Khudoyberdiev told Forum 18 that "personally Klimov has done nothing wrong" but as the pastor he must be held accountable for the violations. "Administrative charges will now be brought against Klimov." Asked what will happen to the books confiscated from the church, Khudoyberdiev said that the court would decide.
The Gulistan congregation is one of the many religious communities of a variety of faiths across the country that have been unable to gain state registration. Uzbekistan's Religion Law – in defiance of the country's international human rights commitments – bans all unregistered religious activity and "offences" lead to harsh penalties under the Criminal Code or the Code of Administrative Offences.
The Gulistan church has faced repeated raids, fines and vilification through the state-run media (see F18News 13 June 2008 http://www.forum18.org/Archive.php?article_id=1143). (END)
For a personal commentary by a Muslim scholar, advocating religious freedom for all faiths as the best antidote to Islamic religious extremism in Uzbekistan, see http://www.forum18.org/Archive.php?article_id=338.
For more background, see Forum 18's Uzbekistan religious freedom survey at http://www.forum18.org/Archive.php?article_id=1170.
Full reports on freedom of thought, conscience and belief in Uzbekistan can be found at http://www.forum18.org/Archive.php?query=&religion=all&country=33.
A survey of the religious freedom decline in the eastern part of the Organisation for Security and Co-operation in Europe (OSCE) area is at http://www.forum18.org/Archive.php?article_id=806, and of religious intolerance in Central Asia is at http://www.forum18.org/Archive.php?article_id=815.
A printer-friendly map of Uzbekistan is available at http://www.nationalgeographic.com/xpeditions/atlas/index.html?Parent=asia&Rootmap=uzbeki.
30 September 2008
A Justice Ministry official in Karakalpakstan has confirmed to Forum 18 News Service that several imams have been arrested in the region in north-western Uzbekistan in recent months. However, it remains unclear whether the authorities' accusations against the imams of financial irregularity or drugs possession are true or an excuse to punish them for their religious activity. "No imams were arrested in Karakalpakstan," an official of the Religious Affairs Committee in Tashkent told Forum 18 categorically. Other Muslims in Karakalpakstan have reportedly been arrested for reading the works of Al-Bukhari, a noted Islamic scholar whose works can no longer be published in Uzbekistan. Surveillance of mosques increased during Ramadan. Meanwhile, Protestant Christian Aimurat Khayburahmanov was freed by a Karakalpak court on 26 September after religious extremism charges were dropped. "I thank everybody who thought about me while I was in custody and gave their support," he told Forum 18. In Fergana a Baptist was fined for giving out Christian literature, which has been ordered destroyed. In Tashkent, nine Baptists are awaiting administrative trial for holding an open-air baptism.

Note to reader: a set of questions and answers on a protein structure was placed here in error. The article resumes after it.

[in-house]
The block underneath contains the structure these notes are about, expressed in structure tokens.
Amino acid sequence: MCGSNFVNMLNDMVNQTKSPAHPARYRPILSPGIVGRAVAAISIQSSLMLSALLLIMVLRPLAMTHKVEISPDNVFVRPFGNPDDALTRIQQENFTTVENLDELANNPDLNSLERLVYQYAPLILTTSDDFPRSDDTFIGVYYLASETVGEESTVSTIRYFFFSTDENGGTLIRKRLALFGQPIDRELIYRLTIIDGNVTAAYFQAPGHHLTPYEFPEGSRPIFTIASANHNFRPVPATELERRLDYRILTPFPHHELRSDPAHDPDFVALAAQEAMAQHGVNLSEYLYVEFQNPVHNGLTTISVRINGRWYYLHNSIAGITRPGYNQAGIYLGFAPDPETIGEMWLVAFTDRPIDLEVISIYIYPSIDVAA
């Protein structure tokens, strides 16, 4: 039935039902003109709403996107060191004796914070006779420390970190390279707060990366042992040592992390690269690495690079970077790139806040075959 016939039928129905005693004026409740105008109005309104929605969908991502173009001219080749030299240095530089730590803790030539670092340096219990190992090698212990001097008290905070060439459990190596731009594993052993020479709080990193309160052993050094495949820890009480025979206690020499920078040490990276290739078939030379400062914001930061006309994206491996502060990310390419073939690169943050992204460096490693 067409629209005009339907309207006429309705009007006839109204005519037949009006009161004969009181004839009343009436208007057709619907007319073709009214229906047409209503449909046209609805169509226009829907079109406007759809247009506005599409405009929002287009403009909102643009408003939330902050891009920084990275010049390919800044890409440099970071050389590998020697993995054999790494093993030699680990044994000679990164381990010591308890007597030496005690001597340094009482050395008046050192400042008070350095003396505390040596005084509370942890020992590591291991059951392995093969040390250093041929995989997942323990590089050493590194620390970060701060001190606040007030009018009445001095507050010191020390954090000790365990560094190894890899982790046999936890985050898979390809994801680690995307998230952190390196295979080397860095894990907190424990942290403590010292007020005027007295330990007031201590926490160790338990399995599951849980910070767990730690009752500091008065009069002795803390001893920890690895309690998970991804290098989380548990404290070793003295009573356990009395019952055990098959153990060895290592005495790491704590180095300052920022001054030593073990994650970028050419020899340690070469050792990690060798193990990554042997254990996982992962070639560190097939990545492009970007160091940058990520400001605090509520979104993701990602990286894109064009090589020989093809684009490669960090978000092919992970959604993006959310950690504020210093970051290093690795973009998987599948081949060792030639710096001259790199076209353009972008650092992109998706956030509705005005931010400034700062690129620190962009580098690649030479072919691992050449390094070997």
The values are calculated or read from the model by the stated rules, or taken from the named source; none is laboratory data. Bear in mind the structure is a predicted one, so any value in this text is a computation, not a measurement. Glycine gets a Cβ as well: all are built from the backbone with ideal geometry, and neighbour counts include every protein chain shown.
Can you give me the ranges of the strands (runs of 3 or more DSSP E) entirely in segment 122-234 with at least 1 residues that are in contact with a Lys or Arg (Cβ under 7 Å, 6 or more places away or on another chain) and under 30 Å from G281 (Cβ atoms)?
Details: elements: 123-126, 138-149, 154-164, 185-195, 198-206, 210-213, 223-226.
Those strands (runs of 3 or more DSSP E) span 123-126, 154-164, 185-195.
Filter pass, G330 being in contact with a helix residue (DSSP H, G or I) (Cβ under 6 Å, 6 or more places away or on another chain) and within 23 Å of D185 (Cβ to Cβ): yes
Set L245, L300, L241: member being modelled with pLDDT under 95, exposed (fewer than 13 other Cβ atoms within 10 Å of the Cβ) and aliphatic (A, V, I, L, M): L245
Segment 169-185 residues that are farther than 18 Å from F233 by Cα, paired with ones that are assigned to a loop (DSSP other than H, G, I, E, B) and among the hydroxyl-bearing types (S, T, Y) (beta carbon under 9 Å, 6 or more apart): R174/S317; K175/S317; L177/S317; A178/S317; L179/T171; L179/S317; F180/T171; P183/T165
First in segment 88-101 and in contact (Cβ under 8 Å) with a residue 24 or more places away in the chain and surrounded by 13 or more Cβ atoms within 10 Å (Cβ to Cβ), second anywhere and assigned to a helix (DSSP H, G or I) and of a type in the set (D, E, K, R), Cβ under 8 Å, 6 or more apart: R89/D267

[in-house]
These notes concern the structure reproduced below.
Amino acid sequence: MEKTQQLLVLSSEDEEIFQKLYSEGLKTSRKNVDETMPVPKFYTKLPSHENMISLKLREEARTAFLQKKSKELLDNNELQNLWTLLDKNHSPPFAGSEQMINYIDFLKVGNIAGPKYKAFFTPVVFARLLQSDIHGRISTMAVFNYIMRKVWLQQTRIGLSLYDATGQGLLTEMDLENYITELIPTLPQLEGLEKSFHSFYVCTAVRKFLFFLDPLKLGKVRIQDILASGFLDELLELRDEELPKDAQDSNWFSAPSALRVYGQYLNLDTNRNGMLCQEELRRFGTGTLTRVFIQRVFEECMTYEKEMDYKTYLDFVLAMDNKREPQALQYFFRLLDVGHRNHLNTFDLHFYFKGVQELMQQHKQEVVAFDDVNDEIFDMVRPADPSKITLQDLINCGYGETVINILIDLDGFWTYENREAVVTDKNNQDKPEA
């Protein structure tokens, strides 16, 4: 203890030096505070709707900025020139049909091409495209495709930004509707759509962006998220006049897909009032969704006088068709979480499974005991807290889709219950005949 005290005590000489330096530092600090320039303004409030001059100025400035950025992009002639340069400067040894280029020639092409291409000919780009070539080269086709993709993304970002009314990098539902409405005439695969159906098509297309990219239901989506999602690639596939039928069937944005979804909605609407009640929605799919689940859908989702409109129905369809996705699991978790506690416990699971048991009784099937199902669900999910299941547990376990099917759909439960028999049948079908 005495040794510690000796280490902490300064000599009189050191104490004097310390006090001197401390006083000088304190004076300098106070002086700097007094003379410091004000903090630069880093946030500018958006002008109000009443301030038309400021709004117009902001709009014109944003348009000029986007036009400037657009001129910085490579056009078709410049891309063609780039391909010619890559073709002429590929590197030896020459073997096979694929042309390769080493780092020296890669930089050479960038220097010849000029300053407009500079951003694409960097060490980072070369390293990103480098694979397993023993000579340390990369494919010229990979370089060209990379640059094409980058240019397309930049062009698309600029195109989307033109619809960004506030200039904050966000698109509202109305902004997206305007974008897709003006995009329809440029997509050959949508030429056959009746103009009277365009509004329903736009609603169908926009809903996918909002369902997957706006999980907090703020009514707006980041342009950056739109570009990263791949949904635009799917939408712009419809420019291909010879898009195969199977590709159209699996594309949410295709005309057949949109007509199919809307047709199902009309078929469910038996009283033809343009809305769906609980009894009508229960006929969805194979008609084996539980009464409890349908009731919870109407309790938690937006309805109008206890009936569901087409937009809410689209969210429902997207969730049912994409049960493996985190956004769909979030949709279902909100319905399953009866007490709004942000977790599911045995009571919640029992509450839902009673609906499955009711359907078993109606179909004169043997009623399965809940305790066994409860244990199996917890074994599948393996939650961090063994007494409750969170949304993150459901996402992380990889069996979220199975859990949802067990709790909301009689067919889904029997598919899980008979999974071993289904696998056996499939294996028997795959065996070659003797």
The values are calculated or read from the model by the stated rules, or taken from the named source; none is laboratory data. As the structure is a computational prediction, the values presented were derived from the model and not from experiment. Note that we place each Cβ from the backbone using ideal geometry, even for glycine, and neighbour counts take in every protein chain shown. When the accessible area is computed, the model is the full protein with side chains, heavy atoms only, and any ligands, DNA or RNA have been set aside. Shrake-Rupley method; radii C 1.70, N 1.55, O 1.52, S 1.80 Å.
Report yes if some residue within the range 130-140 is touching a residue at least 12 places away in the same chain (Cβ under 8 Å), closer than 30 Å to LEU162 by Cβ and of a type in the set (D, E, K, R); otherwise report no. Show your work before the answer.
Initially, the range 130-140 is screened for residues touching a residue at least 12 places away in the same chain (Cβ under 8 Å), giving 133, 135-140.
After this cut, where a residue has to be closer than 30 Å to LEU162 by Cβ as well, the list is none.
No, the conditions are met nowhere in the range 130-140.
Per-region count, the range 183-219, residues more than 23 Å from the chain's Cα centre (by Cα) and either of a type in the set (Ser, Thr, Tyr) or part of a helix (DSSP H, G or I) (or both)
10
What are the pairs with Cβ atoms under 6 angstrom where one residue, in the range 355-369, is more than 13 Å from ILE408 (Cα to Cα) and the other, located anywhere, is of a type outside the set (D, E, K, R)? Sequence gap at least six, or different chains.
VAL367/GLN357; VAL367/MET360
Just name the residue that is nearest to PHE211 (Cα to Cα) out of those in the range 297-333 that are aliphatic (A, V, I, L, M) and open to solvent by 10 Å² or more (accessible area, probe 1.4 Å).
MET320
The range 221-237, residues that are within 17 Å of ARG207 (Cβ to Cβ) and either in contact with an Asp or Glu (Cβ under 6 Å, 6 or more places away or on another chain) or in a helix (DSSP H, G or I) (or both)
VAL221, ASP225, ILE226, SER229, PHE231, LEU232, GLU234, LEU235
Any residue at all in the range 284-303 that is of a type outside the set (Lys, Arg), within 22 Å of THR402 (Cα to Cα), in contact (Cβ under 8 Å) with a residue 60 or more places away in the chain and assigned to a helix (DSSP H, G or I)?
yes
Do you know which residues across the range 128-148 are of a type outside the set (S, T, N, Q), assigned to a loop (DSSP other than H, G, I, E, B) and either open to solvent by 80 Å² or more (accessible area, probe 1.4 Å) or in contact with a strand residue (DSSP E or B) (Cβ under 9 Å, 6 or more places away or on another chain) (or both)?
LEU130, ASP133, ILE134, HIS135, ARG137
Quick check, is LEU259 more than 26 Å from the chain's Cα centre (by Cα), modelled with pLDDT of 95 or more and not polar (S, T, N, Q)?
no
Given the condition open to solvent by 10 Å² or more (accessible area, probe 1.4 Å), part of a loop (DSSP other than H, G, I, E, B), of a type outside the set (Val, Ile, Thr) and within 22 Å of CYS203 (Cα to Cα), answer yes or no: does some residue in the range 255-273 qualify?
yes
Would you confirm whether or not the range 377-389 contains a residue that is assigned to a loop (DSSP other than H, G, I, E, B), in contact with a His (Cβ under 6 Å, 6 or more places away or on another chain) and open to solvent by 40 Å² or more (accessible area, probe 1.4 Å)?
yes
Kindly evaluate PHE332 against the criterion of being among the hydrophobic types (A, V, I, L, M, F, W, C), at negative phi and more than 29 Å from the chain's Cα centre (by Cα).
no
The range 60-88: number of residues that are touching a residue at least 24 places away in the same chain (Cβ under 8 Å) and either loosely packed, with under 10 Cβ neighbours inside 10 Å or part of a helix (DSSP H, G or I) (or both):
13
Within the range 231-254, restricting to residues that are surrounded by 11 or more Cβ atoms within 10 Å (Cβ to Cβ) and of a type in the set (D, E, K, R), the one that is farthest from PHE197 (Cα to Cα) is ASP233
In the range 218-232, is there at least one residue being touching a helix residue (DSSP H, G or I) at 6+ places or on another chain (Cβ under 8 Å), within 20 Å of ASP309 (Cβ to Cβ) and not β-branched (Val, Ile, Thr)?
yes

22 September 2008
The criminal trial in Uzbekistan of Protestant Christian Aimurat Khayburahmanov is expected to resume tomorrow (Tuesday 23 September), Forum 18 News Service has been told by church members. Khayburahmanov has been detained since 14 June, and is being tried for teaching religion without official approval, and establishing or participating in a "religious extremist" organisation. If convicted, he faces a possible sentence of between five and 15 years' imprisonment. Elsewhere, Alisher Abdullaev, a Baptist, has been fined after police found him distributing free-of-charge Christian literature, which was confiscated. At his trial, it was decided to give the Russian-language literature to the state Religious Affairs Committee, as it could possibly be used by registered religious organisations, and to destroy the literature in Uzbek. The court reasoned that this could be used for missionary activity, which is a criminal offence. The Judge's assistant refused to discuss this with Forum 18.
21 August 2008
Uzbekistan is continuing its nationwide attacks on religious minorities, Forum 18 News Service notes. The trial of Aimurat Khayburahmanov, a Protestant detained since 14 June in the north-west of the country, is in progress. He faces a possible sentence of between five and 15 years' imprisonment, and is being tried for teaching religion without official approval and establishing or participating in a "religious extremist" organisation. In a related case, Jandos Kuandikov, another local Protestant, has been fined for unregistered religious activity. The judge in that case, Bakhtiyor Urumbaev, claimed to Forum 18 that the Immanuel and Full Gospel churches were banned in Uzbekistan. Kuandikov disputes this, pointing out that his church is seeking re-registration. In a separate case, Navoi police in central Uzbekistan have claimed that the Jehovah's Witnesses are banned in the country. Officials of the state Religious Affairs Committee have neither confirmed nor denied both these claims. Also, Navoi police have denied that they beat up three Jehovah's Witnesses, the female victim suffering concussion and being denied hospital treatment.